A senior Punjab police officer on Friday said he was denied a visa by Canadian authorities as he had served in areas where counter-insurgency operations were carried out in the state during the militancy period.
Patiala's Senior Superintendent of Police Ranbir Singh Khatra said that it was the prerogative of the Canadian government to deny or grant him a visa but the content used in the denial letter was not acceptable.
"The Canadian embassy in India twice denied me the visa only because I had served in areas where counter-insurgency operations had been carried out," he said.
The Canadian high commission, over the last few years, has denied visas to a number of senior serving and retired officials of the armed forces and intelligence establishments, claiming that their organisations or they themselves have served in sensitive areas like Jammu and Kashmir and engaged in violence and human rights violations.
"I am proud to have contributed to keeping peace in the region as part of Punjab police in that (militancy) period. I felt really bad that at a time when the world is fighting terrorism, Canada is targeting us -- people who actually fought terrorism," Khatra said.
"There is no case against me, nor have I ever been convicted by any court of law, so how can they make such comments," he asked.
"As far as human rights are concerned, our country has the best record as compared to others, following which our forces have the largest share in United Nations peacekeeping forces deployed in other countries," he said.
Khatra was denied visas by Canada twice, in 2008 and 2009. On the first occasion, Khatra had wanted to travel to Canada on a personal visit while on the second occasion; he wanted to participate in the golf event of the World Police and Fire Games in British Columbia in 2009.
Khatra said that he had earlier won the runners-up trophy at the All India Police Golf Tournament.
Khatra, a recipient of the President's Police Medal in 1993, he had served in Tarn Taran, Mansa and Batala in Amritsar during the counter-insurgency operations against militants in Punjab.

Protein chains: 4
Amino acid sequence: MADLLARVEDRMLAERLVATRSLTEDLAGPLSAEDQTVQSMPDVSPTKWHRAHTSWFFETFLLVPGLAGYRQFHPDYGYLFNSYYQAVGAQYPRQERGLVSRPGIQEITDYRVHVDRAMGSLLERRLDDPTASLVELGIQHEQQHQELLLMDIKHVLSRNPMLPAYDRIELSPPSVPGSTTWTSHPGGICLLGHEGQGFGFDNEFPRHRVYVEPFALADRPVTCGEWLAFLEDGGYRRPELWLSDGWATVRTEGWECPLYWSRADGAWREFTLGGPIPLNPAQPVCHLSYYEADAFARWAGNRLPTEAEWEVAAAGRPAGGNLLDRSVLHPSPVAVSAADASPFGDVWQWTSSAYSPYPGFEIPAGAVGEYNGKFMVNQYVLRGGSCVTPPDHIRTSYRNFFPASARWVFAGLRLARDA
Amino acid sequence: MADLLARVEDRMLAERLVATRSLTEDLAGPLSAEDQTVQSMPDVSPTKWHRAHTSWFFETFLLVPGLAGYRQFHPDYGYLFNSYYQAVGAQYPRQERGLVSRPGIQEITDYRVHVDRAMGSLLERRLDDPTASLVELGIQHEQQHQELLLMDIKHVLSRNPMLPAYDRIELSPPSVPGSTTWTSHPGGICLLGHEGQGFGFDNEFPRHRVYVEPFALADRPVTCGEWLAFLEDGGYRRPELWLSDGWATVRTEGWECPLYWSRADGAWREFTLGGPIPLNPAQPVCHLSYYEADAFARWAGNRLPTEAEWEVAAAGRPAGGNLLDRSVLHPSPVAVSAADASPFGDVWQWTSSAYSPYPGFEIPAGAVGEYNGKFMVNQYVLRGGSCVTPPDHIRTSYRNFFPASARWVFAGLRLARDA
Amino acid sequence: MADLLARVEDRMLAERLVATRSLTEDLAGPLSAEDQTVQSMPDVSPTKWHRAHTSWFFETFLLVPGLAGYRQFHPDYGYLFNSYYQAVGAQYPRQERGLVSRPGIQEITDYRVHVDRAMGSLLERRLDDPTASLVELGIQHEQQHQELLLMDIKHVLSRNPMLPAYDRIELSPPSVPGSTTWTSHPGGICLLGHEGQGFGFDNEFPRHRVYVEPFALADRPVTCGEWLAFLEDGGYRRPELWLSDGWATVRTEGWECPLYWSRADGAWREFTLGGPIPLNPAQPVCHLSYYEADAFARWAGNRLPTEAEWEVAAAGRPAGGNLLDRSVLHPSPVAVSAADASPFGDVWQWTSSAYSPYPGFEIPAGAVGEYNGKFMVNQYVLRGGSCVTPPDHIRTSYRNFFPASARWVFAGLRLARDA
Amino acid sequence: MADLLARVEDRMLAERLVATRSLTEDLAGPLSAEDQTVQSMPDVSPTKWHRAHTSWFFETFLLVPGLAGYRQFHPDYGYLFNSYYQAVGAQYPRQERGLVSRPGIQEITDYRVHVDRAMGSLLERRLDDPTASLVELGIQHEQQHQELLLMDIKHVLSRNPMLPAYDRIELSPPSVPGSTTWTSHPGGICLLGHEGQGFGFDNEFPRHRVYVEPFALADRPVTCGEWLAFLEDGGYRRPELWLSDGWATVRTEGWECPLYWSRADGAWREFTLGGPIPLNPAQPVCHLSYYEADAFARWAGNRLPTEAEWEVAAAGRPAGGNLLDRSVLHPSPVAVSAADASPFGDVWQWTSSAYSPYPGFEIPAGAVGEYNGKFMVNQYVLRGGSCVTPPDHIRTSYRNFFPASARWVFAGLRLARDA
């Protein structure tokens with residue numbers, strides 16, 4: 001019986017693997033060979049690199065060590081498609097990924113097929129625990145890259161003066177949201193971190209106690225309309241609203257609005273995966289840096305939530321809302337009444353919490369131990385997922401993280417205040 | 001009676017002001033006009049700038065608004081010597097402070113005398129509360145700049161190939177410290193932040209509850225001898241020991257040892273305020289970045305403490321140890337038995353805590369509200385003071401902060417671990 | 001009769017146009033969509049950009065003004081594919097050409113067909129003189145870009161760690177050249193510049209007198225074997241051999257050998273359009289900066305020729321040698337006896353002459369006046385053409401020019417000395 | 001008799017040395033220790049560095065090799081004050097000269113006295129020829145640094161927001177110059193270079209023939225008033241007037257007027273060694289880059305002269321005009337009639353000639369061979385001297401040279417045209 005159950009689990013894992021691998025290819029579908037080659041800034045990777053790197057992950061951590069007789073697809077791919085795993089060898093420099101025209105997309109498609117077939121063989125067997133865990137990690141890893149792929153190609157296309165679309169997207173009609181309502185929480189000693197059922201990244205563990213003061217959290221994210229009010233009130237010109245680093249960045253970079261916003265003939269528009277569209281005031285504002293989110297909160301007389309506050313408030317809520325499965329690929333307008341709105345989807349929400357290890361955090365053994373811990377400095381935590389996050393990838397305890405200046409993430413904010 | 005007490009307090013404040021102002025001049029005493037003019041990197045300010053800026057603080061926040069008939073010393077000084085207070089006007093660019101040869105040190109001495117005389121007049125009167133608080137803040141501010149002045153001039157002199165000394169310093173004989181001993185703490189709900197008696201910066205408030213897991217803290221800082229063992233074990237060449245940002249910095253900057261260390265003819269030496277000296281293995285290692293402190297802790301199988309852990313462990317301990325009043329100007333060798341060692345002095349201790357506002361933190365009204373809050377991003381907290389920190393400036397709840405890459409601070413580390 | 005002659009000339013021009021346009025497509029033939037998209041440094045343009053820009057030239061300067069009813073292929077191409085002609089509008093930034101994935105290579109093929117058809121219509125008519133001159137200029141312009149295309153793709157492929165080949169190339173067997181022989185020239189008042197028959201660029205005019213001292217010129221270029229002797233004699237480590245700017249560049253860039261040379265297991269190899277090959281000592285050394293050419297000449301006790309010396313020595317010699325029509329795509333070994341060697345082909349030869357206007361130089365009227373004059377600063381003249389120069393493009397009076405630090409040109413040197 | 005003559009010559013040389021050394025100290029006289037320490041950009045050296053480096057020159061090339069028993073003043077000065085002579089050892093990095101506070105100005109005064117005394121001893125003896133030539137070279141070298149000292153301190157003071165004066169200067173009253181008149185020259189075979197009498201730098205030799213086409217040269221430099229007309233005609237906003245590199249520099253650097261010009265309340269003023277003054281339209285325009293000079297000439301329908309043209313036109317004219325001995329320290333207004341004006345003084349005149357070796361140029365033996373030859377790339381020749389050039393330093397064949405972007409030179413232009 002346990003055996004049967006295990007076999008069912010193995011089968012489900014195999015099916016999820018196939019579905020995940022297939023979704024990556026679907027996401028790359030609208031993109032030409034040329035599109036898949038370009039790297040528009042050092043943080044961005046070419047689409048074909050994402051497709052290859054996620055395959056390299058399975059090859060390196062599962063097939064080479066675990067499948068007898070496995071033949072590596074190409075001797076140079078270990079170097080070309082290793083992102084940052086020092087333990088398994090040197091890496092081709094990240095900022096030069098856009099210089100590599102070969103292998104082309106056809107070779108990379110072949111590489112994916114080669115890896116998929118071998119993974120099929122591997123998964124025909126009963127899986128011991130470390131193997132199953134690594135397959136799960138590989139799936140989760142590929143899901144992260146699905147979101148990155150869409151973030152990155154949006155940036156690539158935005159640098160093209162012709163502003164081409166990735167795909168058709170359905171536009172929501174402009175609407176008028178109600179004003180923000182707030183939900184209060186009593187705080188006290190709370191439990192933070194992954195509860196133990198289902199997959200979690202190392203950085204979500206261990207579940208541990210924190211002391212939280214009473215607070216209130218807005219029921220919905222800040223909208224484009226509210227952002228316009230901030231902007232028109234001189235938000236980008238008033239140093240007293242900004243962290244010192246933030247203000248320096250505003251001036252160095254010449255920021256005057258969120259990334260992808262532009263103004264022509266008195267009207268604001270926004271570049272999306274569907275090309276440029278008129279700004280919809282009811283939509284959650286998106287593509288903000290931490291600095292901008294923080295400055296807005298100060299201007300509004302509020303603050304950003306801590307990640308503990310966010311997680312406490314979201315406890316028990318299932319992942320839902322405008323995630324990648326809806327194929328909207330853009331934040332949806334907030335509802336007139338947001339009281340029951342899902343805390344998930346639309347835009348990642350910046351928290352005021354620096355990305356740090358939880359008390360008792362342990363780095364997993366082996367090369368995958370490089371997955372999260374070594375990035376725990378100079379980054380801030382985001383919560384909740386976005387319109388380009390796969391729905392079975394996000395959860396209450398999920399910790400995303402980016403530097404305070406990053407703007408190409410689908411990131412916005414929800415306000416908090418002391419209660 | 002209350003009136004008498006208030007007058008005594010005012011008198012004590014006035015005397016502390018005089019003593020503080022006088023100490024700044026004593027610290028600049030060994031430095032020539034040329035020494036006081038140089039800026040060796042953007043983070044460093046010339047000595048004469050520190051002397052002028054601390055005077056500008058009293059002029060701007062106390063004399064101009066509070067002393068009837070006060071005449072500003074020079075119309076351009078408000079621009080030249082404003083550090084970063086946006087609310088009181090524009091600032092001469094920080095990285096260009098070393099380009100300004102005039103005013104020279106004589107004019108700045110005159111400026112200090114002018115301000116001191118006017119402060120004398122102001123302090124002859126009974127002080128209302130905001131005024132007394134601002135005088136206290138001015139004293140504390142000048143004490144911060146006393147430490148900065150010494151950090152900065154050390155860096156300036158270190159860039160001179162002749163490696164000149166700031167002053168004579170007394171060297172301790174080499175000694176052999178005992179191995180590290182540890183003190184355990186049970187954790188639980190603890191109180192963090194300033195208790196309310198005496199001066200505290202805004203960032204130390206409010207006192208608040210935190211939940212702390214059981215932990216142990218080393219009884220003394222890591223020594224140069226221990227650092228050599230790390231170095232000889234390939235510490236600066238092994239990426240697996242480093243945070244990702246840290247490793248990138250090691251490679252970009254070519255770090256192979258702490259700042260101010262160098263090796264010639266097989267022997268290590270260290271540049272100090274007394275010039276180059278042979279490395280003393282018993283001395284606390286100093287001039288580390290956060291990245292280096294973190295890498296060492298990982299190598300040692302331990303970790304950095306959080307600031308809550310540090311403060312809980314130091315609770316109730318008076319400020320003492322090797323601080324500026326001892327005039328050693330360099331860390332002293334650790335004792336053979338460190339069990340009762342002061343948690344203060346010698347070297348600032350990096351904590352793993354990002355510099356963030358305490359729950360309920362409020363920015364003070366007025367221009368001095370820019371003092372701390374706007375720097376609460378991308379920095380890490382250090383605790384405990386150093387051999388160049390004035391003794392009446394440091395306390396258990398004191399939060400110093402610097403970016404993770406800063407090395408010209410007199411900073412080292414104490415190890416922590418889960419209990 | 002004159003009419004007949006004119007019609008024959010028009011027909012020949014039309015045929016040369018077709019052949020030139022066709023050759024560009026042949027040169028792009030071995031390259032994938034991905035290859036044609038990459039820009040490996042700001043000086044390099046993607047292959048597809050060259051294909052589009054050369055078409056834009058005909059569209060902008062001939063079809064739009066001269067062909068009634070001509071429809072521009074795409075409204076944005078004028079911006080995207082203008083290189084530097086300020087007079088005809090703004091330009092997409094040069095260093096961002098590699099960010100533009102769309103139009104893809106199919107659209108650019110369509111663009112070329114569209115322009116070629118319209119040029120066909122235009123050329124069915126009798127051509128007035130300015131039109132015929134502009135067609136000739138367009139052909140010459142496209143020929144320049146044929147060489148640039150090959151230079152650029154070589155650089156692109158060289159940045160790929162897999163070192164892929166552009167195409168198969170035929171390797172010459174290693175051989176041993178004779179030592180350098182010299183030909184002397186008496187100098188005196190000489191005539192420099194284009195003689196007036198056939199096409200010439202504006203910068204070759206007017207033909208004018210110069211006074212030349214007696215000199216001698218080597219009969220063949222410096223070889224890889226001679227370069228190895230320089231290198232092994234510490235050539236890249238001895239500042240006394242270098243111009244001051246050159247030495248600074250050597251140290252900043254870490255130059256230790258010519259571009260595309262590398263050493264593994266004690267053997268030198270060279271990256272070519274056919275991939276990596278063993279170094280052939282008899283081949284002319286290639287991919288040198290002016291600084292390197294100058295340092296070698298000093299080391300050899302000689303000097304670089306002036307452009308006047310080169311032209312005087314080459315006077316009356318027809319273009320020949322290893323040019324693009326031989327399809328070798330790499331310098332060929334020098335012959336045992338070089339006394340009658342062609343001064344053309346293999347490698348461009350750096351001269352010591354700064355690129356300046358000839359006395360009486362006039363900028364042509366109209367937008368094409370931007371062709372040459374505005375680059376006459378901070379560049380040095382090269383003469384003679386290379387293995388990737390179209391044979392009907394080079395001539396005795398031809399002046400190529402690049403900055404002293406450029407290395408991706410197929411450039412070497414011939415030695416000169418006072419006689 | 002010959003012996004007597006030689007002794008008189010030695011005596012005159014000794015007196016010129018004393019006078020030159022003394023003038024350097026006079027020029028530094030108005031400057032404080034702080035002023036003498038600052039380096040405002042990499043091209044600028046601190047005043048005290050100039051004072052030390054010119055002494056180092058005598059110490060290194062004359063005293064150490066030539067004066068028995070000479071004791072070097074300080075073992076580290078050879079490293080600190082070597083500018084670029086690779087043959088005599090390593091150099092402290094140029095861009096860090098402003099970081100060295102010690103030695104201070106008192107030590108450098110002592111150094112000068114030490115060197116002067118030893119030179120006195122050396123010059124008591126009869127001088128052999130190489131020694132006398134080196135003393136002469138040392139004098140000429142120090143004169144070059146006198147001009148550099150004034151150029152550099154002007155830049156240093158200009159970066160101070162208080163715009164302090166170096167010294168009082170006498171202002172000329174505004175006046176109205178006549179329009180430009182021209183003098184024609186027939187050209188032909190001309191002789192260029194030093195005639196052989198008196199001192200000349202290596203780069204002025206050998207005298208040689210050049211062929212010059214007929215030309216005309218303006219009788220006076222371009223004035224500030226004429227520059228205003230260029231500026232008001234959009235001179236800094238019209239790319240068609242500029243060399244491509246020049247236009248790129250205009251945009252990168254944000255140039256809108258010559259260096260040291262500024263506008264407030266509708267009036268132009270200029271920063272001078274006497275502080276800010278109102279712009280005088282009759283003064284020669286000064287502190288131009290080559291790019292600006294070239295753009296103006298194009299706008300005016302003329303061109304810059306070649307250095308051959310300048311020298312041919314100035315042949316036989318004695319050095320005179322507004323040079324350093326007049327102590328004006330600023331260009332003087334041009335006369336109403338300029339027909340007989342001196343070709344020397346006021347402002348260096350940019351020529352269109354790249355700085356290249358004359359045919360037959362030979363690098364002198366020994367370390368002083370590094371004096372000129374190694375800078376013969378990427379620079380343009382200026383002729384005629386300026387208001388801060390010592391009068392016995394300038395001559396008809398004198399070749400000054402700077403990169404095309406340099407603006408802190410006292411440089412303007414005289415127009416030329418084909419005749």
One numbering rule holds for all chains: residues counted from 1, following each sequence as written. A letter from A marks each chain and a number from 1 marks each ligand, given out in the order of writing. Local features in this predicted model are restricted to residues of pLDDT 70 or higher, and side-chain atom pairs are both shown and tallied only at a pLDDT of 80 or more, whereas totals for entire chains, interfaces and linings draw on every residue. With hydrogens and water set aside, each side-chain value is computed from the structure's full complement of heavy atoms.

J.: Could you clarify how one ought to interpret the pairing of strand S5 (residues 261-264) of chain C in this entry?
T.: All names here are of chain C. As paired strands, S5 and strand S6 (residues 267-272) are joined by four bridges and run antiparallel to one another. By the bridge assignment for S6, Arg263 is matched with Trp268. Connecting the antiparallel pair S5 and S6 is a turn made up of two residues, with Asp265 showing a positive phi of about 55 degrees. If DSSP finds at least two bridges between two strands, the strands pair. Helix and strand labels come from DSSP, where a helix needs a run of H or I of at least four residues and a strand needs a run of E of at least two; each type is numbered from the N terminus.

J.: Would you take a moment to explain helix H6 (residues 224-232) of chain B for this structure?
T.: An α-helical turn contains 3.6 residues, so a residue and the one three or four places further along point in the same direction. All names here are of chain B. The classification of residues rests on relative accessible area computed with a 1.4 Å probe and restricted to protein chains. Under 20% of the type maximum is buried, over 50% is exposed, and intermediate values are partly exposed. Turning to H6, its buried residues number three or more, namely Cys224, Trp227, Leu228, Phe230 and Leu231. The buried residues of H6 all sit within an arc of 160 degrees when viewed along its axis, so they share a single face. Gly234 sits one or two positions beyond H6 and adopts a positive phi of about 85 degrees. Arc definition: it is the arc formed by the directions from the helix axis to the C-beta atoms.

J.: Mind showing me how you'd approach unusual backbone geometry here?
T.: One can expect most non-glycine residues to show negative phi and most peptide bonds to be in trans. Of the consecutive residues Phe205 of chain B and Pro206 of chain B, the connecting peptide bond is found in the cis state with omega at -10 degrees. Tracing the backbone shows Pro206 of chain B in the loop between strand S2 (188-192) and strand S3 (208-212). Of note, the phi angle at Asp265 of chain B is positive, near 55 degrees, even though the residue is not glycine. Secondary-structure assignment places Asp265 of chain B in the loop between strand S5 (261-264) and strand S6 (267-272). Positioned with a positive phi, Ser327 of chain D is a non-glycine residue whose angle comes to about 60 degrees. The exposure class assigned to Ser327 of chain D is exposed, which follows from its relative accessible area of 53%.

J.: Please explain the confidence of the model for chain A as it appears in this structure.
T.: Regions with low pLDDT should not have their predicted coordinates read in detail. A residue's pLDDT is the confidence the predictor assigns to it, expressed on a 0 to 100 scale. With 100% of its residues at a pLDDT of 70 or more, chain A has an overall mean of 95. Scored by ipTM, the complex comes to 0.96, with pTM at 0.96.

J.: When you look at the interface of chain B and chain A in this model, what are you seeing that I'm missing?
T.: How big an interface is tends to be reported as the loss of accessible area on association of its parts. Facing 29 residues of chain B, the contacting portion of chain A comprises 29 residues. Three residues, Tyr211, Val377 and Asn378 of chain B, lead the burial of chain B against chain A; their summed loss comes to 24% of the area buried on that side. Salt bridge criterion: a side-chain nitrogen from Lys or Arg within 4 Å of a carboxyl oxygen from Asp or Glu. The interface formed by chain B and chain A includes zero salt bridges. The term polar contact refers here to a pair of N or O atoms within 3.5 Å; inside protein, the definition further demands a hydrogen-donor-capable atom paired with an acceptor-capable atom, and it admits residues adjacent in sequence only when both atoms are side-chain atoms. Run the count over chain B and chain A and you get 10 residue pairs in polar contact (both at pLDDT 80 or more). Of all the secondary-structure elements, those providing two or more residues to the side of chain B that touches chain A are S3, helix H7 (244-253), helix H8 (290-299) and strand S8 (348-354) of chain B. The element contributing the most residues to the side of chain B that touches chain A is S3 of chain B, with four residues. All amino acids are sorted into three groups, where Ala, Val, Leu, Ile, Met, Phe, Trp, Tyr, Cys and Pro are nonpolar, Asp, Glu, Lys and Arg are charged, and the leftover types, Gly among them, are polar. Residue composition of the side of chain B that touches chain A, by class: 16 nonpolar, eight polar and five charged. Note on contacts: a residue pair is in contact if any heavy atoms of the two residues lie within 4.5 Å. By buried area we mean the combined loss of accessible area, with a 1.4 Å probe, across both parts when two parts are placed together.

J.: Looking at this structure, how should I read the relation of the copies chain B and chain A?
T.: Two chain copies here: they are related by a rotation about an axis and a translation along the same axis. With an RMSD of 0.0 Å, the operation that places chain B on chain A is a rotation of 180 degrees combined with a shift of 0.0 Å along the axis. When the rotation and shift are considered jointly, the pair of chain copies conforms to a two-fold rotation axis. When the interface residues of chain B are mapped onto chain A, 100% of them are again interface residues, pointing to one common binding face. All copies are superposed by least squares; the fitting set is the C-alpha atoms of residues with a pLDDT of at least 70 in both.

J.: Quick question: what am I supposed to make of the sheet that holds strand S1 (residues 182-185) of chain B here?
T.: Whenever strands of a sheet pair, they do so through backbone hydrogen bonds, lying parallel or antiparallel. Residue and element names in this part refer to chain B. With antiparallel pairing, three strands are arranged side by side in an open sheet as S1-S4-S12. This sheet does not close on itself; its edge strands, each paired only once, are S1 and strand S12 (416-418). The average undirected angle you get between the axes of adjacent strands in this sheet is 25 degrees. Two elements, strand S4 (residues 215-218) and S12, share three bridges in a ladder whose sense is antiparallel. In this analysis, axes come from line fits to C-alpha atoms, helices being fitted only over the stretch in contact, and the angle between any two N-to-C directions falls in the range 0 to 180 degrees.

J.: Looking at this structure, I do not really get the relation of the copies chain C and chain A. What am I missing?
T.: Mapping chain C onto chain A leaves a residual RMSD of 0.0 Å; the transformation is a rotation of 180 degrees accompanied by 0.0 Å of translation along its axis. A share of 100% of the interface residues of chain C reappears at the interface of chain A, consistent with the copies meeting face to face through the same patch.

In a letter signed by Canada Embassy's Vice-Consul Sharon Hogan, Khatra was informed, "You are at the very least willfully blind to the crime against humanity committed by the Punjab police in Amritsar district. During the investigation, arrest and interrogation, you may have been directly involved or at the very least helped in increasing the effectiveness of the Punjab police in Amritsar district, at the time when large number of police forces in the area were involved in the commission of crime against humanity."
"Also, the government made little progress in holding hundreds of police and security officials accountable for serious human rights abuses committed during the counter-insurgency operations in Punjab, despite the presence of a Special Investigating Commission," the letter added.
Several Punjab Police officers, including Khatra and Additional Director General (Crime) Rajan Gupta, had been denied visas by Canada for their alleged involvement in human rights abuses.
Some other Punjab police personnel, including superintendents of police Devinder Singh and Gurdeep Singh Pannu, and a head constable were asked to furnish certificates from the government declaring that they had not violated human rights, along with a list of all the positions they had held over the past 15 years.